NBA 2K10 – My Player Mode Essentials
You want to make the cut, be able to master the fade-away, the double cross-over or perhaps be the next Steve Nash yet it seems more difficult than you thought. NBA 2K can be trickier than NBA Live and this article should help you out with the basics.
Learning the Game
The easiest way to learn how to play NBA 2K10 is by creating a player in My Player mode, going through the Summer Circuit, then Training Camps and hope to make it to the NBA. Assuming you play according to these NBA 2K10 tips, you should be able to ultimately make the grade instead of slipping down to the NBA D-League.
It is recommended that you play the game with a game-pad instead of your keyboard; this guide will only deal with game-pad controls on the PC, not keyboard or console versions. We’ll also be keeping the standard control configuration, but remember you can always change it to whatever works.
Get familiar with the basics, like passing, dribbling, cross-over, spins and shooting. Learn about shot and free-throw release. In defence learn how to use the LF2 button (or shoulder button) for locking on your man, learn how to stay in the line of the pass for stealing and learn how to jump with Button 4 and learn block/rebound with Button 3. Also you can double team in the paint or on the opposition’s PG (or ball-handler) by pressing LF1; smart DT’s get you points in My Player mode.
Practice the basics by choosing Practice Mode and continue reading for NBA 2K10 tips.
Beginnings – Choosing a Position
The easiest position to start with is probably Shooting Guard with emphasis on scoring. After you have created your player, just choose scoring under the type of player you would like (i.e. athletic, pass first etc…).
Although you cannot officially choose a difficulty in this mode and it should remain at Pro, you can set the mode at Hall Of Fame with the Tsearch hack; it’s not recommended if you are just starting out and Pro should be just fine.
The reason why a SG is easiest to start with is that it should be easy to get points regardless of difficulty (once you know how) and fastbreak-scoring or just generally getting good shot selections is a major factor in getting a good final Grade.
A Power Forward or Centre is good too. However I would suggest you leave Point Guard alone for now, especially if you are planning on an assist-based PG of the Rondo or Nash variety. Athletic guards like Derrick Rose or “Cryptonate" Robinson are probably even more difficult since speed is the most expensive attribute to raise with your skill points. Lastly, you need to call plays which is more work and you need to know what you are doing.
Start the age of your player at 19 and, once you’ve decided on appearance and set your name, read on.
Drills and Skill Points
If you can get silver in any of the drills you get the maximum skill-points as a reward, and if you manage gold you get a point in an attribute related to the drill.
The easiest drill to do for which you can maximise your skill points is Stealing, where all you need to do is stand in the line of the pass and either defend the pass, tip it or catch it. Once you learn how your opponent moves it will become even easier to do it. Other fun and easy drills are the Dribble course and shooting, where 3 point shots can get you more points to obtain gold. I wouldn’t touch the Post drill or Attack the Basket just yet but you might want to try them.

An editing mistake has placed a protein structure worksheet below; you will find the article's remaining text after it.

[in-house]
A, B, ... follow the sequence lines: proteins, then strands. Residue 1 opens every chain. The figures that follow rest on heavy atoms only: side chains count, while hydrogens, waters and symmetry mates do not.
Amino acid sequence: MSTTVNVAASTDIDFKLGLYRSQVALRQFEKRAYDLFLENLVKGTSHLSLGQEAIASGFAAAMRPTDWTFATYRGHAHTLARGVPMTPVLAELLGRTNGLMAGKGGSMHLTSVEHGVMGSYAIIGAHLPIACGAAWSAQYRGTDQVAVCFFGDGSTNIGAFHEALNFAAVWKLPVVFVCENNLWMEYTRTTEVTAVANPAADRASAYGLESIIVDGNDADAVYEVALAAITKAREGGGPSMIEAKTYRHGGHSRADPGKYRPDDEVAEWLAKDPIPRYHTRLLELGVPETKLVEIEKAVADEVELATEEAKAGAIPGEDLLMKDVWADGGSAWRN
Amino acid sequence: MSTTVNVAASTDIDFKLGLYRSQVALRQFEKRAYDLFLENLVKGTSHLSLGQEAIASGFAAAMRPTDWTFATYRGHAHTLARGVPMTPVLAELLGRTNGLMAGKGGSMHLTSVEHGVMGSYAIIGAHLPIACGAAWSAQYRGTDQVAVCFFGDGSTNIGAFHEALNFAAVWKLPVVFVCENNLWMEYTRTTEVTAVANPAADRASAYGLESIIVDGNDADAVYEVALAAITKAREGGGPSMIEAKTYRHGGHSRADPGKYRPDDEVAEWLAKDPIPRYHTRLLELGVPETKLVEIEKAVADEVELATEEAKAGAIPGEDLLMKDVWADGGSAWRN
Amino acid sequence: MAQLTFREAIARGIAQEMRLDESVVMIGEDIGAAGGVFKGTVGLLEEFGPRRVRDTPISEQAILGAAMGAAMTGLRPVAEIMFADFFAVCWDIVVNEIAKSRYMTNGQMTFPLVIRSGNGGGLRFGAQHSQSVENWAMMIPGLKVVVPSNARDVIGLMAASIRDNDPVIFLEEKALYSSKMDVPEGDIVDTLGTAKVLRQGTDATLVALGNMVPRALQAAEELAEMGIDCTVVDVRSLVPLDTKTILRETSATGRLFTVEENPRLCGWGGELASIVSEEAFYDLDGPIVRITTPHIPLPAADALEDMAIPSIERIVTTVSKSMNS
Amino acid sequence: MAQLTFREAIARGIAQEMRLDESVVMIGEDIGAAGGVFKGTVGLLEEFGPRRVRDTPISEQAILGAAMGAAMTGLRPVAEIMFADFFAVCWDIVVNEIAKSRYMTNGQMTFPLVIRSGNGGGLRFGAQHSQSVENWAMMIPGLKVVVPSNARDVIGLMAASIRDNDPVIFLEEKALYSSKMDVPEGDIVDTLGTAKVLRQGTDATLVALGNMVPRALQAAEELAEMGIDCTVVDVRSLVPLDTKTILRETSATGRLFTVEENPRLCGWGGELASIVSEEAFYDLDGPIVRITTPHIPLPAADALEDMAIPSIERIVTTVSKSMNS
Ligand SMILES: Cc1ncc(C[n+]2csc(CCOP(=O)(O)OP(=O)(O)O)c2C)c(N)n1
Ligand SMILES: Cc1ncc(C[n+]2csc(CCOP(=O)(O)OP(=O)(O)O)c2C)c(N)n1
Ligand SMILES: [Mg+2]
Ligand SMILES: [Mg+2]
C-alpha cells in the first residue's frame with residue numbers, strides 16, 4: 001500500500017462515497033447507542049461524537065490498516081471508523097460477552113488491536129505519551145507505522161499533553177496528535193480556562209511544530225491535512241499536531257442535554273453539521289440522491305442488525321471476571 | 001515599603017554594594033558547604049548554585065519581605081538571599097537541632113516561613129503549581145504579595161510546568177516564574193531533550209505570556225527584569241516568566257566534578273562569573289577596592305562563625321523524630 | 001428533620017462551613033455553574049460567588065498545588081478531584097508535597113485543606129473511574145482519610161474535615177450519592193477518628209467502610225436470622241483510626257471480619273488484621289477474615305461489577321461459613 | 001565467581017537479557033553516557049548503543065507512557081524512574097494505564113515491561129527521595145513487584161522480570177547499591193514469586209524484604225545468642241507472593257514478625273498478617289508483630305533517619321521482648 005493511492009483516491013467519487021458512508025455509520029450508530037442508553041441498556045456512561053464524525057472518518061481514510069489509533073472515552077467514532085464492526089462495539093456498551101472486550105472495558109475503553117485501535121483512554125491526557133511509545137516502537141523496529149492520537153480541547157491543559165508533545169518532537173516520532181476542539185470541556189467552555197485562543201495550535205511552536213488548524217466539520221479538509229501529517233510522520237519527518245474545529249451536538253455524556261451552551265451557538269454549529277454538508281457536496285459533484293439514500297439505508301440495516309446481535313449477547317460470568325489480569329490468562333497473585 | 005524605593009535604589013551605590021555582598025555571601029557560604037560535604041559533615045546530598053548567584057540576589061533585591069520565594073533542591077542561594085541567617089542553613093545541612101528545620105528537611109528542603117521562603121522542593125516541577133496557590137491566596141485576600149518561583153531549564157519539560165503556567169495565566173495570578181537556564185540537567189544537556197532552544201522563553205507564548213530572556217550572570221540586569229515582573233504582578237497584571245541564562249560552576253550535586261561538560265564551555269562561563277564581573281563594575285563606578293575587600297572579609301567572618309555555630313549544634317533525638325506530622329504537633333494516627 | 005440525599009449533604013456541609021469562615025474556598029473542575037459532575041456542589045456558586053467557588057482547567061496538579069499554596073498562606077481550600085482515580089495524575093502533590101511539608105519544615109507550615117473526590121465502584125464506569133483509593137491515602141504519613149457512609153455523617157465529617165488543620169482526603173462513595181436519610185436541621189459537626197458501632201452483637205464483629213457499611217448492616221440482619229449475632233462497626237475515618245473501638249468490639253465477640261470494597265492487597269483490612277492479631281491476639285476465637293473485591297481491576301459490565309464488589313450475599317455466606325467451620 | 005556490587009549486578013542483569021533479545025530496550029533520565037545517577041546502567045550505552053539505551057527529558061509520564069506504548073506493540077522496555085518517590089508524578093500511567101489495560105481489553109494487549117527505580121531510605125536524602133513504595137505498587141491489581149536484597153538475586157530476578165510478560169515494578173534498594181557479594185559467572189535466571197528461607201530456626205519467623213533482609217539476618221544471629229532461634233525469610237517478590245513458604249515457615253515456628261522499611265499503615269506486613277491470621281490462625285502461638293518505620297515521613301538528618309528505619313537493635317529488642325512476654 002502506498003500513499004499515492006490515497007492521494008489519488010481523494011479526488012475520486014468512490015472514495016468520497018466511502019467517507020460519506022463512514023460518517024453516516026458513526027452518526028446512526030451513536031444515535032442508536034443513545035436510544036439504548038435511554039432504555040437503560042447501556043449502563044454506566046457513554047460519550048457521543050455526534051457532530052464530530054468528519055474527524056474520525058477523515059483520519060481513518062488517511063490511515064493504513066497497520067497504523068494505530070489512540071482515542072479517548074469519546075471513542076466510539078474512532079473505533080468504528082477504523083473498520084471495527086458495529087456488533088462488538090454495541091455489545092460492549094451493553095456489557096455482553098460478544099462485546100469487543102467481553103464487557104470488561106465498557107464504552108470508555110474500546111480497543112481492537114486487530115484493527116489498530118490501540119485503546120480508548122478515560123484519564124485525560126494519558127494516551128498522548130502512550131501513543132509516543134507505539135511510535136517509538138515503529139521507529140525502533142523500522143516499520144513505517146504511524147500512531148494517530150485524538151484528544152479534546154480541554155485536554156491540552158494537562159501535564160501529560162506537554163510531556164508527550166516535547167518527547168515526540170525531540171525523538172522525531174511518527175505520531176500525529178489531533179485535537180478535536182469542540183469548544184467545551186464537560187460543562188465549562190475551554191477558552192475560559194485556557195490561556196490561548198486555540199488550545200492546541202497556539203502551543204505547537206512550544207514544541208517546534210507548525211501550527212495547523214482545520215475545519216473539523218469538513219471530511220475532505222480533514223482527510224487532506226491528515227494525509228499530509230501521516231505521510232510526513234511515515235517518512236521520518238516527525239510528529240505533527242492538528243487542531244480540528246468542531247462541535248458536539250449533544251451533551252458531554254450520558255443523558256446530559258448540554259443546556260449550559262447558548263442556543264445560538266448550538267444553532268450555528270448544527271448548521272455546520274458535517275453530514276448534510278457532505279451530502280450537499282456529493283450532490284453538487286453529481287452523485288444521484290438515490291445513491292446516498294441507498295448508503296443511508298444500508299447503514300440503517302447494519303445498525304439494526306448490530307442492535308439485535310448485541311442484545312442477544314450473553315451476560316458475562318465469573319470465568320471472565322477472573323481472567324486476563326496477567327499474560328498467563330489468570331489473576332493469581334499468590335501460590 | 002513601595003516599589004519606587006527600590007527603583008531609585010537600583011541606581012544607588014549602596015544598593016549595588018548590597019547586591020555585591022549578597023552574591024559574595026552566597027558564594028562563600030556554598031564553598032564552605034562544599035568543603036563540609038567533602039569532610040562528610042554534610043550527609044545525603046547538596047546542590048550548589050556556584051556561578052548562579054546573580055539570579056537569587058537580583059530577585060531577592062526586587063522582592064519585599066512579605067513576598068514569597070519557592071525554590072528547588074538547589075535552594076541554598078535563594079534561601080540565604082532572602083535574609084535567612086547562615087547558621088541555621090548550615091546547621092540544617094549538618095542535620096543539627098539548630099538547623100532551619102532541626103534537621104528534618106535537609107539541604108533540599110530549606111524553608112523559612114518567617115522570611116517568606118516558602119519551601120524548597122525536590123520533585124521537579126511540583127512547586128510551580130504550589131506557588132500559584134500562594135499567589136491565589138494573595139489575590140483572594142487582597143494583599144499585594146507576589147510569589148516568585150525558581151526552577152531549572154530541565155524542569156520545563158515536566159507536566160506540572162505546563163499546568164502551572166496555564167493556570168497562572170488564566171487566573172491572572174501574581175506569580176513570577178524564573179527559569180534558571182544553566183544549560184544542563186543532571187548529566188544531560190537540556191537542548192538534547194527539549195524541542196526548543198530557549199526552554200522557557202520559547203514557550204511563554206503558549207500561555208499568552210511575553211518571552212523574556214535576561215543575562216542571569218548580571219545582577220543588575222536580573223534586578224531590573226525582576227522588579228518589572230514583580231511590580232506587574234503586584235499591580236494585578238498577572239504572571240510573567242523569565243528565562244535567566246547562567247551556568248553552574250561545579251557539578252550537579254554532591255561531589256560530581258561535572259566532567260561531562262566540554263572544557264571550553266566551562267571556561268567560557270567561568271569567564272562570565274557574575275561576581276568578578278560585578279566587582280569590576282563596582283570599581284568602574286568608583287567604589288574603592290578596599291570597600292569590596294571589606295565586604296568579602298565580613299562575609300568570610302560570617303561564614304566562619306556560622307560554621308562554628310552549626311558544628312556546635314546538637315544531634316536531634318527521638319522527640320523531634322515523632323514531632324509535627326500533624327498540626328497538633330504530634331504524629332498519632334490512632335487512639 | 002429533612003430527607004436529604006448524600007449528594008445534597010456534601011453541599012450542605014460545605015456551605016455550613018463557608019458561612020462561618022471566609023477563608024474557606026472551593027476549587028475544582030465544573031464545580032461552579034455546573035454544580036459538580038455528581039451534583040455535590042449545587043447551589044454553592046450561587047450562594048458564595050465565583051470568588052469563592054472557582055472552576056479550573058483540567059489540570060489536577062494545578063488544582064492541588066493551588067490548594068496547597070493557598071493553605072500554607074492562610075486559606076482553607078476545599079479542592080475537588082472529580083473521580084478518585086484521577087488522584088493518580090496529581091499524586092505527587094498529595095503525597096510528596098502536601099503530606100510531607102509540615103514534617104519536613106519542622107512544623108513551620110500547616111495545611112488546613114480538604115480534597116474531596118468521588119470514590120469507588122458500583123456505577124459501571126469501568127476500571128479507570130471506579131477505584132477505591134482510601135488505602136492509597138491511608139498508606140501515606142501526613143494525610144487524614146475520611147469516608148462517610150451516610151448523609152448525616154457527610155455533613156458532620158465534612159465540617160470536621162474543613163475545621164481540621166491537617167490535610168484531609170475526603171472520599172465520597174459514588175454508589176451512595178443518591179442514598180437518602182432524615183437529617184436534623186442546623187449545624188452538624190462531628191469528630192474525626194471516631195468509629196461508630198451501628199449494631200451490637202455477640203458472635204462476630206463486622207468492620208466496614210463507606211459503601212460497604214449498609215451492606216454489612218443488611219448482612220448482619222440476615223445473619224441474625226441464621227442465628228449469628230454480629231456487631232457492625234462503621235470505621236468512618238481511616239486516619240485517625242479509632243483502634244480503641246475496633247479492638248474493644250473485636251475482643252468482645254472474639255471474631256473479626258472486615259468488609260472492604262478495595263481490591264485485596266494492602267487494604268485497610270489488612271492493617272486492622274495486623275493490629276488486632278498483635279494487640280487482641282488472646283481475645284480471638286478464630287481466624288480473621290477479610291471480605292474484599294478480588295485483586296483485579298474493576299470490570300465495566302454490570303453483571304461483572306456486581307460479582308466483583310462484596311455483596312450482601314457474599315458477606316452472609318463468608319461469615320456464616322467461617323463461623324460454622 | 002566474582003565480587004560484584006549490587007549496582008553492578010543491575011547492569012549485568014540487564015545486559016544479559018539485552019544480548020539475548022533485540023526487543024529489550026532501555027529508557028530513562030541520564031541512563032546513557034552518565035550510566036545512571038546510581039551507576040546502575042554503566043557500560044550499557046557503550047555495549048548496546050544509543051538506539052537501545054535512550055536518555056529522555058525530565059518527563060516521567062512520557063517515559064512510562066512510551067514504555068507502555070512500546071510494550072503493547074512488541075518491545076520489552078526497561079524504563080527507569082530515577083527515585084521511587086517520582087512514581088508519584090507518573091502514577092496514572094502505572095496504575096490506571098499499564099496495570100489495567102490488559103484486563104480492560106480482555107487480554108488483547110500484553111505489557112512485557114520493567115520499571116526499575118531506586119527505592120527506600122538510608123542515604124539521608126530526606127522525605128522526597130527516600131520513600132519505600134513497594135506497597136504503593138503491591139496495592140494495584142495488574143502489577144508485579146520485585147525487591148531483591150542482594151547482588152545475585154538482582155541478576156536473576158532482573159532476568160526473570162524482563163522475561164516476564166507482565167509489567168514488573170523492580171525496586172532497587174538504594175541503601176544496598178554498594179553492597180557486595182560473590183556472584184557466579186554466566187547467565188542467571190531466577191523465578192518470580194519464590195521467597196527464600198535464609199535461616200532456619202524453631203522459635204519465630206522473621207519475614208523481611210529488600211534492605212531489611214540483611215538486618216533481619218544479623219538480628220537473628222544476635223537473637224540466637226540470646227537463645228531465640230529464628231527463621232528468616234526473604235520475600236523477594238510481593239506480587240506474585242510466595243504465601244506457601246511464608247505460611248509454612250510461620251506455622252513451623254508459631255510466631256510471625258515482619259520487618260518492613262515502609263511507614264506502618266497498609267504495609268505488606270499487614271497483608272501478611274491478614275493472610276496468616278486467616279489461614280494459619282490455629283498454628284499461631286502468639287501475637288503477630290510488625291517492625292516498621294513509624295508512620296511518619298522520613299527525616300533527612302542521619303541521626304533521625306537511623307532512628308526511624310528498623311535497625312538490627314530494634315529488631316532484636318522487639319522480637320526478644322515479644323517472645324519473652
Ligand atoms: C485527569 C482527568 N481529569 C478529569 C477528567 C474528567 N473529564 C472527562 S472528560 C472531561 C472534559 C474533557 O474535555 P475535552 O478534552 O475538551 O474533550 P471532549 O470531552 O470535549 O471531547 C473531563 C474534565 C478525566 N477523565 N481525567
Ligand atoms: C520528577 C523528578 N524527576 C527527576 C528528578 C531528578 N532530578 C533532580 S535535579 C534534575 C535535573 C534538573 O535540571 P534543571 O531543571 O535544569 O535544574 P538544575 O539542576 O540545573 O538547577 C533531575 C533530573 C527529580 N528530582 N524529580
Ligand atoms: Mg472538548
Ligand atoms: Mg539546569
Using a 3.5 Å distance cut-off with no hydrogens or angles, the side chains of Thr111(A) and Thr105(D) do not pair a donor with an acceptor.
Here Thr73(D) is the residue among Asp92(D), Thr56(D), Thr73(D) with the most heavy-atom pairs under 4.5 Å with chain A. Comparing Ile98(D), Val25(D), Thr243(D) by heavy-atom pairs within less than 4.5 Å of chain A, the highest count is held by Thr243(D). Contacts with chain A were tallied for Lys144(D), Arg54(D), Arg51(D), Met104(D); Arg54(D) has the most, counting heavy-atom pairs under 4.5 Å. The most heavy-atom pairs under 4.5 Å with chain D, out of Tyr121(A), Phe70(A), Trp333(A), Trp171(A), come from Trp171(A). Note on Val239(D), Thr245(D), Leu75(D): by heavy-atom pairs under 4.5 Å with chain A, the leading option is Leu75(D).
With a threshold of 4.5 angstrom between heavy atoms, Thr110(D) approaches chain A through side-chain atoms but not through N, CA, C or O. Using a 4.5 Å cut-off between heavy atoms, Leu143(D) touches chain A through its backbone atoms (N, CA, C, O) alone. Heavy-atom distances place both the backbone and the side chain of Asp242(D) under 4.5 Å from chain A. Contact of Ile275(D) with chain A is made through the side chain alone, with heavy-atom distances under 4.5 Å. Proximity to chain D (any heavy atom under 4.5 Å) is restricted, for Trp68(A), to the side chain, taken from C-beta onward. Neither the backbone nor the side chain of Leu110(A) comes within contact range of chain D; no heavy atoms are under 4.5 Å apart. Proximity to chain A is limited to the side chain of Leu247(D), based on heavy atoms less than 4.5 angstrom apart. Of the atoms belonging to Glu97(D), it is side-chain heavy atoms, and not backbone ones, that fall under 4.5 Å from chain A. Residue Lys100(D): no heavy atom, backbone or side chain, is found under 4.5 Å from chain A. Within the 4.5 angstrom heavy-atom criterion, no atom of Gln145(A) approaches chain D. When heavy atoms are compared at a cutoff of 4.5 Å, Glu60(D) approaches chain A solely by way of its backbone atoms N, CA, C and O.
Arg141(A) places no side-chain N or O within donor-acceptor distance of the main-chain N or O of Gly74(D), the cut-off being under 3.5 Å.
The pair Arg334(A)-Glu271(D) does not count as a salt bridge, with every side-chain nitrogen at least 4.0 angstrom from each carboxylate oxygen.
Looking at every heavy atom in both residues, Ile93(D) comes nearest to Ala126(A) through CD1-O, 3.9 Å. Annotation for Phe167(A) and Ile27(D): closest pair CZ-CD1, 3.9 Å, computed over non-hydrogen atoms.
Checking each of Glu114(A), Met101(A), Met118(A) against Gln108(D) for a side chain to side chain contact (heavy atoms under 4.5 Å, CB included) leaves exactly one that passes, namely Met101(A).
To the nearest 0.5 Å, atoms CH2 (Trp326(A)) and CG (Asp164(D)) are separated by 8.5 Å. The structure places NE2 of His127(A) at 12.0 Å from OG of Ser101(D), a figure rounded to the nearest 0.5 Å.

For skill points, dump points in your close/mid range shots, in free throws, vertical and some ball handling. Stamina is also important regardless of role, especially if you use turbo/intense D a lot. If you do the Steal drill your stealing should go up. As you make shots you’ll begin to win games for your team and get more skill points to dump in minor areas for your position, like dunking or defensive attributes. Dunking is fun, it’s not needed to score though.
Making It Through the Summer Circuit
Since this will be in the early days of your SG, you’ll want to stick to the simple things like setting screens for the pick, good passes, proper spacing on transitions (lane-filling) and some steady D work. All of these give you plus points for your final grade. Defence is always harder than offence, in any sport, so just stick close to your assignment and lock-on by using the left-analog stick. Smart double-teaming gets you points, though you don't need to worry about it that much.
Obvious things which will get your team mates angry and will downgrade your performance are: turning the ball over, taking crazy shots, bad positioning or ball-hogging. Allowing your assignment to score is sometimes unavoidable, though try and limit the damage.
If you pay attention during the game and avoid bad plays listed above you should at least get a B if not an A grade. Once your shooting attributes are in the 70’s you can start taking even contested shots or more chancy layups. Always take the open shot even in your early days; even if it does not go in it’s counted as a good-shot selection.
Making It To the NBA
After all that you should get invited to a training camp. At this point, assuming you have dumped your skill-points correctly, you should have above average shooting already which will help in the training camp.
You need to keep your average grade consistent, like above, in order to make it to the NBA, so stick to the same principles as above and also try taking more shots at this point since your shooting is better.
If after training you find yourself in the D league don’t despair! You can still get invited to an NBA game assuming your grade is consistent enough (in the B+ to A+ range). However if you are still in the D league after about ten games it might be easier to make another player and start over since it will be difficult to cut through.
These are some basic NBA 2K10 tips for My Player mode, now get out there and make that play!